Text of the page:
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Making a commitment to prioritize our daily professional non-negotiables

Teachers who say “yes” to rich substance hold tight to the practices that deserve a place of honor in every school day. While there will always be some things we cannot control, we can control what we choose to honor and refuse to relinquish regardless of competing demands. We do this by putting our non-negotaibles in the daily calendar, carved in professional stone so that nothing can replace them. We make them the center of our day because we know that we must fill each learning day with reading, writing and talking that will actively engage our students in enthusiastic learning. We don’t make excuses and we don’t covet anything that will force us to abandon those non-negotiables. Why? Because we are not willing to give up what we know matters most!

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Making a commitment to respectful dialogue that has the potential to lift us higher

Teachers who say “yes” to rich substance know that in order to have the joyful experiences our students deserve we must be willing to initiate honest and even difficult conversations. We do this because we know that this respectful discourse has tremendous potential to increase the likelihood that every educator in the building will move closer to saying “yes” to the work that matters. Although many of us suggested closing our doors to do this inspired work, our #G2Great dialogue helped us reconsider the impact of opening our doors to become a model for school wide change. If we believe every child deserves the best we have to offer then we must work together to spread this commitment across the building in any and every way that we can so that every child will have the richest opportunities.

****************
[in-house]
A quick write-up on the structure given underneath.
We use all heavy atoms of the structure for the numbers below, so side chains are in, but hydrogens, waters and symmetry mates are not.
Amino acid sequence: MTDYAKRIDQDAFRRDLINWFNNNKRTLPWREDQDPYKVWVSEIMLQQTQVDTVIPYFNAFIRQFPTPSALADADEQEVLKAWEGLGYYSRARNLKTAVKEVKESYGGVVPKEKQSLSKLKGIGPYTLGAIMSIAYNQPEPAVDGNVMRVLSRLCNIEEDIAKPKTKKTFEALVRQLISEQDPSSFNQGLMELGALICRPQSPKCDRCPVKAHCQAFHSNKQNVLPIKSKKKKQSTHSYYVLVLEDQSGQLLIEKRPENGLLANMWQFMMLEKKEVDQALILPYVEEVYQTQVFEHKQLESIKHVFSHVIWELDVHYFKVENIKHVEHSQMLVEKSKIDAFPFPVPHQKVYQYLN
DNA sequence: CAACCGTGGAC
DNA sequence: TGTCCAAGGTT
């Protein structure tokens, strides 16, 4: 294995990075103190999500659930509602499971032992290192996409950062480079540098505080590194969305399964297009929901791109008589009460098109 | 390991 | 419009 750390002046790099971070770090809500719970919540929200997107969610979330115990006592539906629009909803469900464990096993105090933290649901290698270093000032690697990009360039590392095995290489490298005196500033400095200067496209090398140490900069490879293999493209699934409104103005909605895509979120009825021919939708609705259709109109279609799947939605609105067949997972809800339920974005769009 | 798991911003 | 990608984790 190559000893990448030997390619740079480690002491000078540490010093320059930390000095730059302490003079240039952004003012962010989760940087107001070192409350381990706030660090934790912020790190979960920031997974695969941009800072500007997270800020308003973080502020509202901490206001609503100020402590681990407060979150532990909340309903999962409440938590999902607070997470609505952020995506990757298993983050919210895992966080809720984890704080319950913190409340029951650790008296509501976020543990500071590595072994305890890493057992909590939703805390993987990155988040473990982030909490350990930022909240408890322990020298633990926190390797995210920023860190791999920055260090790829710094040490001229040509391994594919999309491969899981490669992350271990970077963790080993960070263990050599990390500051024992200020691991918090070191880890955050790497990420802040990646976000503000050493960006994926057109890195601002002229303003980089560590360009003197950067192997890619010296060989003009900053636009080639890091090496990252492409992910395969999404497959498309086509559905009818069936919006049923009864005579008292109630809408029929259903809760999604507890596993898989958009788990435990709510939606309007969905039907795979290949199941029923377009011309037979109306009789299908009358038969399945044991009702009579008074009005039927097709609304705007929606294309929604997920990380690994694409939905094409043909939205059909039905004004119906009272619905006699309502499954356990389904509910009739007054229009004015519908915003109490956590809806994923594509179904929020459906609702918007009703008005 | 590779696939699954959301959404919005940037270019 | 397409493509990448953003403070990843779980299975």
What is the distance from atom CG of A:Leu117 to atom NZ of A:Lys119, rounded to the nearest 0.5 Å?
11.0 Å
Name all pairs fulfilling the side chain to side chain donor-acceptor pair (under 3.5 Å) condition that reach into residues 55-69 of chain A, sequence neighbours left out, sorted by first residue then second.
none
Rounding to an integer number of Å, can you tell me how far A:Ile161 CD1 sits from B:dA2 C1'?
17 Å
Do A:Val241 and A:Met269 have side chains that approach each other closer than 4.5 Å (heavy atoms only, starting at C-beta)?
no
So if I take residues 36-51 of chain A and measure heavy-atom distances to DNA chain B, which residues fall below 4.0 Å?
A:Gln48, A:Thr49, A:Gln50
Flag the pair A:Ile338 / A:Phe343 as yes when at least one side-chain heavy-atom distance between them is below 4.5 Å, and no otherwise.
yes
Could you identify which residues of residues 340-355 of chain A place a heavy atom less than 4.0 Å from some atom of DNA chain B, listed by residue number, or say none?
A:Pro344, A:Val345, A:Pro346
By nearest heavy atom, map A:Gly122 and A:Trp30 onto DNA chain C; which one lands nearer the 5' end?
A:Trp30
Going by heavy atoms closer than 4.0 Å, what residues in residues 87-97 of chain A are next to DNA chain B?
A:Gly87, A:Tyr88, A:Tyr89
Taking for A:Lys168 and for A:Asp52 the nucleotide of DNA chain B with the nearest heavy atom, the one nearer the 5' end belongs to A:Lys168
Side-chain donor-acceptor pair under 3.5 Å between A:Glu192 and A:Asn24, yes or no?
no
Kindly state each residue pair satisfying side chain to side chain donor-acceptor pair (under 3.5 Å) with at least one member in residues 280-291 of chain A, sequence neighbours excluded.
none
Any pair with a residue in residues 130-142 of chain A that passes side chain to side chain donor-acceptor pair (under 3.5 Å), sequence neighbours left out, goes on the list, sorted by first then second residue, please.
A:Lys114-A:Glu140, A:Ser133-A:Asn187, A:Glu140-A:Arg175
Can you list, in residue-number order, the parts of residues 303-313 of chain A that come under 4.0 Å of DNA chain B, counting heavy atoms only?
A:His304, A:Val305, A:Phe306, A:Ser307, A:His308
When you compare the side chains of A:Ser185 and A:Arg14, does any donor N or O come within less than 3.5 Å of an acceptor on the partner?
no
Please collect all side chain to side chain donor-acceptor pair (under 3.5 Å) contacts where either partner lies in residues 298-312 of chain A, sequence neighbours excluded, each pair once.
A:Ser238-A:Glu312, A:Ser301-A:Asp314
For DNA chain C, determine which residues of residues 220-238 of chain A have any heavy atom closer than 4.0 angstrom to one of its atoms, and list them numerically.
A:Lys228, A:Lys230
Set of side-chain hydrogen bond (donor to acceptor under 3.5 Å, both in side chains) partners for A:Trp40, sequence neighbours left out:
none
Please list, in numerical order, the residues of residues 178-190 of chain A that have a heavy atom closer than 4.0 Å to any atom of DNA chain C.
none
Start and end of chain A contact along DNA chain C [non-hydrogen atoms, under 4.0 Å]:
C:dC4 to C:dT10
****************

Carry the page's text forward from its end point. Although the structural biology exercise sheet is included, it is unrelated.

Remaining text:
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Making a commitment to the opportunities today affords to impact tomorrow

Teachers who say “yes” to rich substance know that we must always keep an eye to the future but that today is where we are needed now. We celebrate each moment as we consider how to provide the opportunities that students need at this point and time, yet knowing that our choices will impact children long after the day is done. We work to ensure that we offer the learning experiences our students need at that moment and time but always with our sights on how that may change on a day to day basis. We accomplish this by knowing each child and using that knowledge to create a learning day to meet their immediate needs while building upon those needs as new opportunities arise. We know each new day is another opportunity to provide the interconnected experiences that will have staying power.